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Battery Maintenance

The best customer is an informed customer. Below is an overview of batteries and the various factors that can help you prolong your batteries life.


UPS manufacturers recommend replacing UPS batteries every 3-5 years. But your UPS batteries could have a much shorter life span if you don’t follow the recommended settings. The environment in which you place your UPS and batteries plays the greatest role in determining whether you will get full use of your batteries. Manufacturers recommend placing your UPS and batteries in a temperature controlled environment, avoiding areas near windows or areas where moisture, dust or corrosive fumes could affect the environment. A UPS and its corresponding batteries come with specific requirements for the tolerated temperature and humidity the equipment could be stored in. It is critical to follow these requirements.


The rated capacity of your UPS batteries is dependent on how closely you follow the specified conditions. UPS batteries are specified to have an ambient temperature of 77°F. By keeping your batteries and UPS in an area below the recommended ambient temperature, you will maximize the life and performance of your UPS and batteries. Your UPS and batteries will still operate above the 77°F mark, but it will come at a cost. According to Schneider Electric, for every 15°F above the ambient temperature, battery life will be reduced by 50%. Clearly, it is critical to keep your UPS and battery system in guidance with the specified ambient temperature.


Knowing the charge cycle of your batteries helps predict the life span of your batteries. Each time utility power is lost, the UPS switches to the batteries to power the load. When utility power is restored, the batteries will begin recharging. Batteries can only go through so many of these recharge and discharge cycles before they are no longer usable and need to be replaced. When batteries are first installed, they will have a rated capacity of 100%, but each recharge and discharge cycle will slowly diminish the capacity of the batteries. The duration of the discharge cycle plays a major role in the life span of batteries. Batteries also have an end voltage and if the batteries are discharged below the end voltage, they are usually unrecoverable and need to be replaced. A battery is considered to be at the end of its life span, when it can no longer provide 80% of its rated capacity. At this point, the deterioration of the batteries performance intensifies. Swapping your battery out with a new one before reaching this point is critical. Once the battery loses 20% of its rated capacity, the performance of the UPS is put at risk.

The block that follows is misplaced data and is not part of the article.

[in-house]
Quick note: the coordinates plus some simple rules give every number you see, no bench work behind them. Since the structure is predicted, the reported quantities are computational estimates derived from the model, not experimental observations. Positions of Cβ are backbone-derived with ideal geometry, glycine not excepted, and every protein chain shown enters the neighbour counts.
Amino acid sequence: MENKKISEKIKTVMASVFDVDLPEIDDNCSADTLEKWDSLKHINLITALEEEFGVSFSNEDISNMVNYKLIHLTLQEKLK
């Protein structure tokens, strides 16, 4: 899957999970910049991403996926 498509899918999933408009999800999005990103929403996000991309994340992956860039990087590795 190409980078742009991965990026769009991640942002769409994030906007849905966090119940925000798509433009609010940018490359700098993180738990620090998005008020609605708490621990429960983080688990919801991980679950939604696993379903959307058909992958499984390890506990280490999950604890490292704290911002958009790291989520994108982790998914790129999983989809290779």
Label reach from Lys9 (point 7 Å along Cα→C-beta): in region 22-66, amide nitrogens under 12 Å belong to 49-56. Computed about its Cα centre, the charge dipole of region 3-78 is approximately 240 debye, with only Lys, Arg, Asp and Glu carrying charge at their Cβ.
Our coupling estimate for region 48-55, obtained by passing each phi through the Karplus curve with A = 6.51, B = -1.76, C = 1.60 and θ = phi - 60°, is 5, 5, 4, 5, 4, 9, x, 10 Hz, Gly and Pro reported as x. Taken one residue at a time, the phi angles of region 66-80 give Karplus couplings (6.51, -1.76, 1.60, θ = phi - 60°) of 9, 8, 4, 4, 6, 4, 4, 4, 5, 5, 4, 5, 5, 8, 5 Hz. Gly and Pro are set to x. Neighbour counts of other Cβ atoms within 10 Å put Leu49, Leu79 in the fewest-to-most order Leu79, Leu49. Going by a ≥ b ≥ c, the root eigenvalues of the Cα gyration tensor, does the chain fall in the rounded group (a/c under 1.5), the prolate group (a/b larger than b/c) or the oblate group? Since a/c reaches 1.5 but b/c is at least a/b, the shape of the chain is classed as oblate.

Spare Batteries

TransPower Testing provides spare UPS batteries for our customers to keep on site in case a battery needs to be replaced urgently. We also provide a charging kit for our customers to keep their batteries charged and healthy in case they need to be put in use. Batteries that are not stored in some charging mechanism, will have shorter life cycles. Lead acid UPS batteries will discharge on their own and a battery that is stored without any charging will permanently lose its capacity as soon as 18 months. Spare batteries that have no way of being charged, are recommended to be stored in an environment 50°F or less to delay the degradation cycle of the battery. Storing batteries beyond 6 months without any charging mechanism is questionable and not recommended.


You might think that unlike wet-cell batteries, your lead-acid batteries don’t need to be maintained, but lead acid batteries still need to be consistently maintained and monitored closely. Sometimes batteries just go bad (even new ones) and it isn’t uncommon to have one battery out of hundreds that doesn’t perform like the others. Using a calibrated battery tester, one can test for voltage and the internal resistance of the battery. These values provide valuable insight on the individual health of each battery. Besides testing the batteries, its important to conduct consistent visual inspections of the connection leads and terminals for signs of corrosion. Also, the leads that connect the batteries to one another must be fully tightened. Loose connections can generate excessive heat at the terminals which will damage the batteries. An infrared camera can be used to check for any hot spots caused by loose connections. A calibrated torque wrench should be used to tighten and verify the tightness of bolted connections to each battery.